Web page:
A Mathematician Comes of Age discusses the maturation process for a mathematics student. It describes and analyzes how a student develops from a neophyte who can manipulate simple arithmetic problems to a sophisticated thinker who can understand abstract concepts, can think rigorously, and can analyze and manipulate proofs. Most importantly, mature mathematics students can create proofs and know when the proofs that they have created are correct. Mathematics is distinct from other disciplines in the nature of its intellectual development. The book lays out these differences and discusses their significance.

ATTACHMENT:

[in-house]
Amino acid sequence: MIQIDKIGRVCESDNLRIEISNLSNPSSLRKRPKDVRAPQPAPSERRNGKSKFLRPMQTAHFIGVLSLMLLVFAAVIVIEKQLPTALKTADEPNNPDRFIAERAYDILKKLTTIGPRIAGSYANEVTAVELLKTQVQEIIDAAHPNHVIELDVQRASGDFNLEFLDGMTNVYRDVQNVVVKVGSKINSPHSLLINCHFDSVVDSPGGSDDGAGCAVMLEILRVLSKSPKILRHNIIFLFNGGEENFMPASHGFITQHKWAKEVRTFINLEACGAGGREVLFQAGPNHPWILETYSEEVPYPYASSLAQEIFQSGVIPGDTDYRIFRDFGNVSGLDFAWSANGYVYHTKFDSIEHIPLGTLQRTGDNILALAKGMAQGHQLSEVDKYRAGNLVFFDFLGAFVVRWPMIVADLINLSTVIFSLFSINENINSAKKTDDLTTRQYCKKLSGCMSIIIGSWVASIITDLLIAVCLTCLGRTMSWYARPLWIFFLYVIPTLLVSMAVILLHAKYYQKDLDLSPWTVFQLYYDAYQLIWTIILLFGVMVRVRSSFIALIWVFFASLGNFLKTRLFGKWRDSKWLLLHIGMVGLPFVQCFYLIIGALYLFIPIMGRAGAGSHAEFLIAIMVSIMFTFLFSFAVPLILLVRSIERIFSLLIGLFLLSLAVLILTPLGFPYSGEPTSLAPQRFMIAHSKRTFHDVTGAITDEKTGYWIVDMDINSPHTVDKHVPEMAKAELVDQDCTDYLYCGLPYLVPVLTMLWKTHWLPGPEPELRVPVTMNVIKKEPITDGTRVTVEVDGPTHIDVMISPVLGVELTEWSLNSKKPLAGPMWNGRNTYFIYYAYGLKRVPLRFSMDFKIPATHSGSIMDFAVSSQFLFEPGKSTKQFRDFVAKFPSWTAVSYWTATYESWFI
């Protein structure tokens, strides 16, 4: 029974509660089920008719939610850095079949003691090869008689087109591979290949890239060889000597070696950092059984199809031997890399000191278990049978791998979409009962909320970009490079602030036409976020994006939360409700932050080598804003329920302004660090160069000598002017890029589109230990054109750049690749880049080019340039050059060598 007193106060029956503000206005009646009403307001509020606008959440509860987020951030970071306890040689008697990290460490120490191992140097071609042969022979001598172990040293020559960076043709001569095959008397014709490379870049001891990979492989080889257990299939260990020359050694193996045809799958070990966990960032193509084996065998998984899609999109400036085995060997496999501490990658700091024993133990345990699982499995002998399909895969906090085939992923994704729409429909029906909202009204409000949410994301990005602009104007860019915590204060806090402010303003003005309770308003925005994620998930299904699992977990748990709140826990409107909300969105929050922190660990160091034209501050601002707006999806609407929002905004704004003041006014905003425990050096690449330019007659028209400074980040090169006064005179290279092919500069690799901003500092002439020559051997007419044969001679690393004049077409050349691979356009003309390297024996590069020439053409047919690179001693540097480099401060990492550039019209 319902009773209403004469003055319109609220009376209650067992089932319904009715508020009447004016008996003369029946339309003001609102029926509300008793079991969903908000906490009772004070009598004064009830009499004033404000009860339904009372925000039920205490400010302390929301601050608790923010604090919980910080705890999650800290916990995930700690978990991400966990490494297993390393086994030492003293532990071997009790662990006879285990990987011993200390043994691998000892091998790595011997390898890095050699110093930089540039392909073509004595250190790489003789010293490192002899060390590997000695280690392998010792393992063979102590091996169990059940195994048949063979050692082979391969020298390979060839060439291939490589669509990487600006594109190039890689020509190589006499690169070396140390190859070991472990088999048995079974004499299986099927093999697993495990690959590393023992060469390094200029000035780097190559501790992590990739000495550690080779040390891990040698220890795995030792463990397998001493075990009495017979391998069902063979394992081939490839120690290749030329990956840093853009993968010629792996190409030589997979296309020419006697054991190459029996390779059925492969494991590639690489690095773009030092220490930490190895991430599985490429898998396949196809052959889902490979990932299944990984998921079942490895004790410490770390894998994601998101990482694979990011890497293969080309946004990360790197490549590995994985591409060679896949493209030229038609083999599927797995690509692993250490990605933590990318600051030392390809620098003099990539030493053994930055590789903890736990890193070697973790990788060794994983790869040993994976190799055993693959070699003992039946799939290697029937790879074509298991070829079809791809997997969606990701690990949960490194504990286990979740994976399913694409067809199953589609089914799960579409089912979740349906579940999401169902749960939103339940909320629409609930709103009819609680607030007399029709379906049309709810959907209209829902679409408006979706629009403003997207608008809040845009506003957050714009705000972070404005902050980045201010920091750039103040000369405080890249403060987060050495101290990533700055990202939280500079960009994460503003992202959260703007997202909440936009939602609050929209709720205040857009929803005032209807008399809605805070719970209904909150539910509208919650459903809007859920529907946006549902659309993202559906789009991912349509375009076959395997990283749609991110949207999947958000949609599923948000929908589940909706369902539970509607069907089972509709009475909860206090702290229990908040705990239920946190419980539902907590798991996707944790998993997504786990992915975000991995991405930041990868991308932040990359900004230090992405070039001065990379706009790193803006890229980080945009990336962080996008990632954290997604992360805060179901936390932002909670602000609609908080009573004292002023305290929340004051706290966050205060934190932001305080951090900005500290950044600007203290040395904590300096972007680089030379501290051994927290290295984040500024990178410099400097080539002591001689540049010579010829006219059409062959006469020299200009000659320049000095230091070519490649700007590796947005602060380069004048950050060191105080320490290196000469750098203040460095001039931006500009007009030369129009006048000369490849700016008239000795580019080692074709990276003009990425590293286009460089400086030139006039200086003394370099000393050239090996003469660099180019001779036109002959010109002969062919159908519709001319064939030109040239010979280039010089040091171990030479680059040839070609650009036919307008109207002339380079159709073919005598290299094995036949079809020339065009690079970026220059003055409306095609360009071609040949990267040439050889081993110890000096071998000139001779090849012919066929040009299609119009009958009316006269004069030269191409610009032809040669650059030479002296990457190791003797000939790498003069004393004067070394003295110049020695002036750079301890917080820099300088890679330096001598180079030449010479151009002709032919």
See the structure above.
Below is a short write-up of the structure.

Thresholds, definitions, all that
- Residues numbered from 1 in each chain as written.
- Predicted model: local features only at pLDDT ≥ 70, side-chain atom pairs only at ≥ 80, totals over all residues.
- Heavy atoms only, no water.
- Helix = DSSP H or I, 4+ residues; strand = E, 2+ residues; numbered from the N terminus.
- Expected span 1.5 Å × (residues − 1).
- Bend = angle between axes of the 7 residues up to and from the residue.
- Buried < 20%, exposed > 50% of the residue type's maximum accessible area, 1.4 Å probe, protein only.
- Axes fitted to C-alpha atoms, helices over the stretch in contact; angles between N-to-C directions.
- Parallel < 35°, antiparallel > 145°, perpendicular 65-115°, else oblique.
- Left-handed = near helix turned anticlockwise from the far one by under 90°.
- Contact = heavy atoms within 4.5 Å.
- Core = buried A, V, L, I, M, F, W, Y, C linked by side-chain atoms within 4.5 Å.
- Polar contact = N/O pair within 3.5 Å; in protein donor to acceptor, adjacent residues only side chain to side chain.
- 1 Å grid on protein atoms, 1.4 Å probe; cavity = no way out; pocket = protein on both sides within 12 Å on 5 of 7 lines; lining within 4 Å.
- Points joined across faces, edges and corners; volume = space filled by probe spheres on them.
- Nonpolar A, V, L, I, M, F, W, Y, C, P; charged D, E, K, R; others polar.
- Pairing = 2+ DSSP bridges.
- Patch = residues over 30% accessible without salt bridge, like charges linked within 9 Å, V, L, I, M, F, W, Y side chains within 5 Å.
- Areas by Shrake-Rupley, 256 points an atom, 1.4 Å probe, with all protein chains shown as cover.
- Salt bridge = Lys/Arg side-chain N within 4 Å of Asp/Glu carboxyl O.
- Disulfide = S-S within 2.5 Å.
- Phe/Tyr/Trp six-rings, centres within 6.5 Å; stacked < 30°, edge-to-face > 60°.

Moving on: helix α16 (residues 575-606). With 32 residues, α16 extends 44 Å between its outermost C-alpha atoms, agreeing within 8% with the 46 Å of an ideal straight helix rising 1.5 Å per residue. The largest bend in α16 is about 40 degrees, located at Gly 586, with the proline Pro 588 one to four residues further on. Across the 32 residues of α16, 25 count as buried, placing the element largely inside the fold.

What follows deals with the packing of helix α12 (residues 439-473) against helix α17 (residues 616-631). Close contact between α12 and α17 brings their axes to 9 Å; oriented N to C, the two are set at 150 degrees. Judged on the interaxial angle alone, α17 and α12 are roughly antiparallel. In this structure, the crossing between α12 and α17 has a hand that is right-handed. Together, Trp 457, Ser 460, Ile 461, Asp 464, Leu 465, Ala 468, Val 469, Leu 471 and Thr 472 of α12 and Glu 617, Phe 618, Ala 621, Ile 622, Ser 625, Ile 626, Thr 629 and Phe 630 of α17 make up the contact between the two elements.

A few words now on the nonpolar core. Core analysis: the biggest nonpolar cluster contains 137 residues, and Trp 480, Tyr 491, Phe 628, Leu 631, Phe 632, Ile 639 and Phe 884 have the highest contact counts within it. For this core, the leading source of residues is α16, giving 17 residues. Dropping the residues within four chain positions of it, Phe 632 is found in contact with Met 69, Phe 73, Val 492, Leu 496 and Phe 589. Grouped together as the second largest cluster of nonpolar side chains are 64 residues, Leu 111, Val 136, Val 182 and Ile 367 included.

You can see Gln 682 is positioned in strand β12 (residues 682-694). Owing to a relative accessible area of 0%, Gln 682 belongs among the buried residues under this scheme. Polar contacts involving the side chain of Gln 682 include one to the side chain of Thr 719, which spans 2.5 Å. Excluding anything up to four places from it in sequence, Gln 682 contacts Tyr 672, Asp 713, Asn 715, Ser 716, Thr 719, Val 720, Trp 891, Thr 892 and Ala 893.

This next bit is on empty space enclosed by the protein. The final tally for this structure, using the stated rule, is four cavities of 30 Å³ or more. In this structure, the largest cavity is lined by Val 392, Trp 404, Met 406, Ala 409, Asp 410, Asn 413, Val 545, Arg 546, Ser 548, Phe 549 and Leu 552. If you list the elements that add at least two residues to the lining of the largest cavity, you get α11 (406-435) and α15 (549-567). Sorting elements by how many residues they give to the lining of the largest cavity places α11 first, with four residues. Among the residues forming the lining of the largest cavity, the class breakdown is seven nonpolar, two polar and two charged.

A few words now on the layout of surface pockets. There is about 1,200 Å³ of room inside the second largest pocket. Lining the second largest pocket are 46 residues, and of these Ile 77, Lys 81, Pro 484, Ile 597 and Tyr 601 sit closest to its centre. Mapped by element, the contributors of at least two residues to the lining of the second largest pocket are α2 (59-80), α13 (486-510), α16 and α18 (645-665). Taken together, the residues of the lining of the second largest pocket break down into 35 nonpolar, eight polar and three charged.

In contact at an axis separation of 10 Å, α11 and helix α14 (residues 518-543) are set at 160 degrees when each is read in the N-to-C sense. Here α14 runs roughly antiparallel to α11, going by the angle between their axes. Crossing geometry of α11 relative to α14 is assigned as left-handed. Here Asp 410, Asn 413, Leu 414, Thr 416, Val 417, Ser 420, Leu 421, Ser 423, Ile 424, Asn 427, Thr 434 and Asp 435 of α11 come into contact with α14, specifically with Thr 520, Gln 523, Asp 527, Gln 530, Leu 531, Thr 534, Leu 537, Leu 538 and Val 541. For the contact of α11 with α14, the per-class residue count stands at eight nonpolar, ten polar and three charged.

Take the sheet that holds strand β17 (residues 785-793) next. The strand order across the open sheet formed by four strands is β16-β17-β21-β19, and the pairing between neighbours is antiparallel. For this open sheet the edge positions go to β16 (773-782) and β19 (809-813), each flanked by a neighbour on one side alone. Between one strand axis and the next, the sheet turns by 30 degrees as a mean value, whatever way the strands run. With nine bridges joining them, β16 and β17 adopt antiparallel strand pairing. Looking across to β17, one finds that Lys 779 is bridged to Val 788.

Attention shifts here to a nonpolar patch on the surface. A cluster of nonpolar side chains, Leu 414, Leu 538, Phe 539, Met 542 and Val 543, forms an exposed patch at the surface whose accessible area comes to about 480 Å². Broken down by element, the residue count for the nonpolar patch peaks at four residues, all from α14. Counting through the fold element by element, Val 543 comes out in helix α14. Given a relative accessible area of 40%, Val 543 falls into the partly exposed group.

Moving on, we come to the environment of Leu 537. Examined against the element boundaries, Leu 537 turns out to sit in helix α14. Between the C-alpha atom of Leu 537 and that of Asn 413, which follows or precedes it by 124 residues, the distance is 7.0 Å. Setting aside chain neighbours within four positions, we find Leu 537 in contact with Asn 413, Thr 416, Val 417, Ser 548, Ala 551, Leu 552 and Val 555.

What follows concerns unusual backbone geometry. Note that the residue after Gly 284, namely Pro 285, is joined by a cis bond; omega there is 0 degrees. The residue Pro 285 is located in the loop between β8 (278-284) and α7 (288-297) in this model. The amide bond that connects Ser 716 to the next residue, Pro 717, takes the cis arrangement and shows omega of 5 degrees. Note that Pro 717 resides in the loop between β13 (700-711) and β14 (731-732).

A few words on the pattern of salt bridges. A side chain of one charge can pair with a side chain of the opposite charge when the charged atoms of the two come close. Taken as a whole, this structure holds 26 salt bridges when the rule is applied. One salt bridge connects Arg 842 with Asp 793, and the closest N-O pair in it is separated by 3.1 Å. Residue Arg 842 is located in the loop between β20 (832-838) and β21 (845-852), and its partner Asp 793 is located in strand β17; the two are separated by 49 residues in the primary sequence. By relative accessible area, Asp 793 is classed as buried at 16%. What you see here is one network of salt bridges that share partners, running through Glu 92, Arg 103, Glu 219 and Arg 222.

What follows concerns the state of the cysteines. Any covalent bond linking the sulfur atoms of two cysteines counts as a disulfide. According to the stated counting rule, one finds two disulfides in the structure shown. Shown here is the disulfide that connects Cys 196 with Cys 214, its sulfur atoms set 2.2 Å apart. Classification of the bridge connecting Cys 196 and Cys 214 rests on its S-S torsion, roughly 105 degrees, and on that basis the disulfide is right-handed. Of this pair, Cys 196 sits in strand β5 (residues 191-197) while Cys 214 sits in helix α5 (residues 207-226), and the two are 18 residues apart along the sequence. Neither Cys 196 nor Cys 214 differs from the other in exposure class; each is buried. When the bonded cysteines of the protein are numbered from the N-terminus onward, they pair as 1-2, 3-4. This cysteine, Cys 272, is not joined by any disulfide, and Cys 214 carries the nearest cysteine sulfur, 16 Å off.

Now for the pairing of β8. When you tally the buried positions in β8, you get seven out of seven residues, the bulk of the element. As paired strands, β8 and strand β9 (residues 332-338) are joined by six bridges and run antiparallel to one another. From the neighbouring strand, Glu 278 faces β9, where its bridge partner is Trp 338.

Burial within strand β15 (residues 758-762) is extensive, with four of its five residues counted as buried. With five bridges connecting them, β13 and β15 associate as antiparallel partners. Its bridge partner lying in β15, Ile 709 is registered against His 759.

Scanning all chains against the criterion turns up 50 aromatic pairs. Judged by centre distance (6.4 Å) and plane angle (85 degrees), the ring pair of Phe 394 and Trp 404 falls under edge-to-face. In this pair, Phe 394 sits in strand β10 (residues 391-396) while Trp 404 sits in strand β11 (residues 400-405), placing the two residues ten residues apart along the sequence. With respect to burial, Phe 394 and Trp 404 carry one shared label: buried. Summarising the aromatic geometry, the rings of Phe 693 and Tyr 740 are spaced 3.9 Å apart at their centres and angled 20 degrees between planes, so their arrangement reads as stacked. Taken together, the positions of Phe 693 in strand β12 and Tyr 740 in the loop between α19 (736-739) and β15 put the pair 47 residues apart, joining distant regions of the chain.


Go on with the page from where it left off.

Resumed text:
Table of Contents
You are viewing the table of contents
You do not have access to this
on JSTOR. Try logging in through your institution for access.